June 19 is Father's Day. In the last few decades, that has come to mean much more than it once did. Dad used to be just the guy who worked and kept the bills paid, while Mom took care of the home and children. But in recent years, dads have come to play a much more important role with their children. And research shows children definitely benefit from the different nurturing influences of both parents.



Sadly, in many cases, when the relationship between the parents fails for whatever reason, the child is denied contact with one parent, most often the father. This is often true even if a visitation agreement is on file with the court. Such agreements are rarely enforced. It has become more common that fathers from these failed relationships who wish to play an active role in their child's life must fight their way through a legal obstacle course in order to secure their right to do so. This is especially true if the parents were never married. Unwed fathers seem to have no rights to their children unless they go to court and request them. However, according to information and case law cited on several Web sites, including that of the Children's Rights Council (http://www.gocrc.com/conF.html) , a parent's rights to raise his or her children are fundamental rights protected by our Constitution.



In the state of Iowa, we like to talk about the importance of family values. And yet even when laws such as HF22 are passed - requiring the courts to grant joint physical custody of children, except in cases where points of law and facts declare that not to be in the child's best interest - in reality, many judges choose to overlook this new legislation. In extreme cases, judges are rewriting the law on the bench, and HF22 has been discounted altogether. Also, the state makes some new laws retroactive (i.e. "health insurance must be provided"), while HF22 is non-retroactive. All of these laws should be applied equally, or not applied at all. Otherwise, Iowa is promoting "de facto discrimination" based upon custodial status and violating "equal protection under the law."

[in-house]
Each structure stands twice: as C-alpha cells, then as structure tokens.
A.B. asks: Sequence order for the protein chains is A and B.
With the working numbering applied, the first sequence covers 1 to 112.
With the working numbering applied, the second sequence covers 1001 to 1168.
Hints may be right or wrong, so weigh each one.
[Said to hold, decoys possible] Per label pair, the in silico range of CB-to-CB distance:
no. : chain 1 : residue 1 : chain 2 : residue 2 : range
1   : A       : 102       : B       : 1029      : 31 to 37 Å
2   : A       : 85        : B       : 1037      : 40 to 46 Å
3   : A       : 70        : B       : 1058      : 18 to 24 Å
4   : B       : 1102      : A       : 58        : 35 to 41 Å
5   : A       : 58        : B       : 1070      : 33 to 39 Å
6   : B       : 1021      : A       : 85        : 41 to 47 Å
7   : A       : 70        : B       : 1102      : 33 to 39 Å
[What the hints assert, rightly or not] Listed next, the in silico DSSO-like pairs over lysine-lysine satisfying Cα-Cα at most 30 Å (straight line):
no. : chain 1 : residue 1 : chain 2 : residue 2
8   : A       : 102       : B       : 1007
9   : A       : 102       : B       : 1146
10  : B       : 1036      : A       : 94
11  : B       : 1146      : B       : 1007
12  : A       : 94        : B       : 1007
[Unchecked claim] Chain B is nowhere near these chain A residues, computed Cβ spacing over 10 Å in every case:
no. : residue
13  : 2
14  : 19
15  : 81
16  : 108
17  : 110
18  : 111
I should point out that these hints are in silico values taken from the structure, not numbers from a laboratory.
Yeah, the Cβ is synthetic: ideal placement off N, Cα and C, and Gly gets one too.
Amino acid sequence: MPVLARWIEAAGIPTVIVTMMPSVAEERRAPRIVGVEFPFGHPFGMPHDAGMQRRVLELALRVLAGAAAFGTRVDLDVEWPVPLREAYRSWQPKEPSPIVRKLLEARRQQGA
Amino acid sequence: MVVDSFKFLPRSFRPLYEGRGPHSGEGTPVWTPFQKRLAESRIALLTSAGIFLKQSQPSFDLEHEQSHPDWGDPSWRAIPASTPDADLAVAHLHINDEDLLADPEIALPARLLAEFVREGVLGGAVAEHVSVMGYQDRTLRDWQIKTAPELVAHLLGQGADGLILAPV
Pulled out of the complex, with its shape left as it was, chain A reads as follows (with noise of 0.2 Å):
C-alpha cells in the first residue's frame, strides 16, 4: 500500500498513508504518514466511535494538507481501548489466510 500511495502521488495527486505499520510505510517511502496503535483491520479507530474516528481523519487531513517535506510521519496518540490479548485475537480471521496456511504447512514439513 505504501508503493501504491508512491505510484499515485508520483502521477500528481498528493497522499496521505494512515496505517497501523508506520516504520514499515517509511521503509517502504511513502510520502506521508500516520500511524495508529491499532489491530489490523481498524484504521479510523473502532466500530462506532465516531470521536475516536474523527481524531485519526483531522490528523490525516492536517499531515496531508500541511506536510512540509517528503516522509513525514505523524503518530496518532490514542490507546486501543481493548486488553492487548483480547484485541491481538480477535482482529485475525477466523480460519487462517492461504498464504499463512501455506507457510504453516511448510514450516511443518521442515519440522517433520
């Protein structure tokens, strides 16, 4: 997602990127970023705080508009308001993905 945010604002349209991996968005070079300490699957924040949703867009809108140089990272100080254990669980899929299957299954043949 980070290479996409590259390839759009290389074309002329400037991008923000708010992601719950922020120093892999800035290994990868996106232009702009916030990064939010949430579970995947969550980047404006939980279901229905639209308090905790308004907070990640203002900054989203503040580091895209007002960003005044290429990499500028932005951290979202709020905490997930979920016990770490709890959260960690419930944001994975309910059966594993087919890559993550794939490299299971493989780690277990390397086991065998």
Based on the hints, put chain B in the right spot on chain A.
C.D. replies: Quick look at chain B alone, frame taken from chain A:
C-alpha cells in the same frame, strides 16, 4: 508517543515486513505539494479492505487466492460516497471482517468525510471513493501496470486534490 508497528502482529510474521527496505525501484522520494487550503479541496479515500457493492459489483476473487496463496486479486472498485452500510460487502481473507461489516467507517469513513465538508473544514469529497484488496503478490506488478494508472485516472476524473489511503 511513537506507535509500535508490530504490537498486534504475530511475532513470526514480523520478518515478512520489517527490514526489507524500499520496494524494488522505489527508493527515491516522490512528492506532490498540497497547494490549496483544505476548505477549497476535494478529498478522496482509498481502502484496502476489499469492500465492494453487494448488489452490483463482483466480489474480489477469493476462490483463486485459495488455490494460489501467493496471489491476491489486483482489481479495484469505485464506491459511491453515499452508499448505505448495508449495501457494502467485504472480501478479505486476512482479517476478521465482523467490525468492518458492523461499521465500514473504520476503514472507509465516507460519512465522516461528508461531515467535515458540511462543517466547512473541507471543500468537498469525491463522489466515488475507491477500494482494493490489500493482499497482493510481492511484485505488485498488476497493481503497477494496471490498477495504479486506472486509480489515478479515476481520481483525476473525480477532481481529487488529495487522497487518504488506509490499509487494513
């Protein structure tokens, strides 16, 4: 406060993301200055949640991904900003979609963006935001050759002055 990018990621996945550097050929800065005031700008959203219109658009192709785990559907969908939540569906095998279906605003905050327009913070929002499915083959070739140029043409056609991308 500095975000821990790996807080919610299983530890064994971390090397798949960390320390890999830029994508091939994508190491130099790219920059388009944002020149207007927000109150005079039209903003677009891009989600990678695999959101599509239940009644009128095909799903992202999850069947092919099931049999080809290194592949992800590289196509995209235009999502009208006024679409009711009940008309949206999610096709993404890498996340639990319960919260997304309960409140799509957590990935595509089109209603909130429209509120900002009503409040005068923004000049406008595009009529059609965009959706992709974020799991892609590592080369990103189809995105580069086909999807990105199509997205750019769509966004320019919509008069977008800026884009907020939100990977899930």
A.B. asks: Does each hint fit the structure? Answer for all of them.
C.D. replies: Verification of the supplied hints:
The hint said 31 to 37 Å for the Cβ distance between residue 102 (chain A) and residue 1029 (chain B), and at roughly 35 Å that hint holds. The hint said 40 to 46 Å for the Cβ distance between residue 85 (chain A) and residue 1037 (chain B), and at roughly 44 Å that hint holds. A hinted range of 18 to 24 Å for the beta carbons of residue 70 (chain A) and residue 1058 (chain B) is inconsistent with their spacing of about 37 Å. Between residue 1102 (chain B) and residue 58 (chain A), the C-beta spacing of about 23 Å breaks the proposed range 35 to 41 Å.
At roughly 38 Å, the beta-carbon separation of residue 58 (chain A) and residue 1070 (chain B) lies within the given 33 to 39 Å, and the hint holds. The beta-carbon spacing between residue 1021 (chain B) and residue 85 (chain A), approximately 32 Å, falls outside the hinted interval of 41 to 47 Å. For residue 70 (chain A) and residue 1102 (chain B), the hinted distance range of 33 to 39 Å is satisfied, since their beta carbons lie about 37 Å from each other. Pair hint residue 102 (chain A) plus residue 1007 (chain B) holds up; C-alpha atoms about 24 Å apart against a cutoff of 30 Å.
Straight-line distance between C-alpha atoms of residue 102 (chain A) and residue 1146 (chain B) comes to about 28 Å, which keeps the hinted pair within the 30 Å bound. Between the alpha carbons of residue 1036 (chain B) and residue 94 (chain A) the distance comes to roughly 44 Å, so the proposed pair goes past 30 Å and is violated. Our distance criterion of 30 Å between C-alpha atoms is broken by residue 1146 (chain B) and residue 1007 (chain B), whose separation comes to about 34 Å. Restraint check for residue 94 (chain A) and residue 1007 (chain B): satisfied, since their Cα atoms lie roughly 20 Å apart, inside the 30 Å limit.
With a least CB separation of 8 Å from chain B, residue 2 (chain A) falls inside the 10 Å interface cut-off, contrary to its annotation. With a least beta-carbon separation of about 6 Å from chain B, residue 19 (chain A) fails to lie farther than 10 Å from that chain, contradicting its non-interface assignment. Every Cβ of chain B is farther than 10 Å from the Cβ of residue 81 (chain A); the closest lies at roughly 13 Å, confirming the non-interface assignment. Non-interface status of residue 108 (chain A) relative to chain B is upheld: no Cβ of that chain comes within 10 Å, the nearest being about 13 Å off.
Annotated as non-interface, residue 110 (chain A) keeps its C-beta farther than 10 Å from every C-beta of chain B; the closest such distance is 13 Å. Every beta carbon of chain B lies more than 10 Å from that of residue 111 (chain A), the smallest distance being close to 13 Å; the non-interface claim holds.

The forums at (http://www.Iowafathers.com) have postings on many judges, both good and bad, by county.



So why is it that most unwed or divorced fathers still have to battle in our court system to protect their relationships with their children? If HF22 were enforced in every Iowa courtroom, that initial battle might be over before it even began. However, once a father does gain some rights, he is still faced with a court system that often doesn't enforce its own rulings in custody and visitation issues. The laws in place to protect an absent parent's rights are comparable to a guard dog with no teeth.



If a father is lucky enough to appear in a courtroom where his rights are considered on an equal footing with those of the child's mother, there is yet another pitfall of which he must beware. This has been described as "the nuclear weapon of custody warfare" - false allegations of child abuse, especially sexual abuse. These allegations are all too often used by a mother as a last-ditch effort to gain a tactical advantage in court. The current social climate concerning such allegations can allow her to keep the child from his or her father with the court's blessing. Social services and law enforcement also back the accuser, entering into investigations with an assumption of guilt, instead of the assumption of innocence supposedly guaranteed to those accused of criminal behavior. And, especially in the case of very young children, the lack of necessary expertise on the part of the interviewers/investigators results in many groundless allegations winding up in court. A far more costly result is that too much time spent away from Dad can alienate the child from him. This creates a win-win situation for a mother wanting to push the child's father out of the picture completely.



The primary concern here really isn't for the rights of the father or the mother, but for the rights of the child. Every child has the right to both parents playing active roles in his or her life, no matter what happened to the relationship between Mom and Dad. The inequalities found in our current legislation and the application and enforcement of said legislation by our courts are in direct violation of the constitutional rights of fathers and their children. Fathers are not merely walking paychecks whose sole purpose is to pay child support (a mandate that our courts have no problem enforcing, by the way). We have the right to form strong and lasting emotional bonds with our children, and to play an active role in their lives. Until our lawmakers and court officials decide that a level playing field is required to ensure equal parenting opportunities for both mothers and fathers, our children will continue to pay the price.



As a father currently battling for my rights, I encourage our elected officials to address these concerns seriously, lest our children continue to suffer the consequences. And to any man facing similar circumstances, I say: Do not give up, no matter how insurmountable the obstacles may seem. Your relationship with your child is worth far more than any lawyer's fee, or any amount of personal sacrifice. One man can change the world, but he cannot do it alone. We must stand united, and fight for our rights. Only then will things change. And by the way - Happy Father's Day!



Terry Yale


Council Bluffs, Iowa

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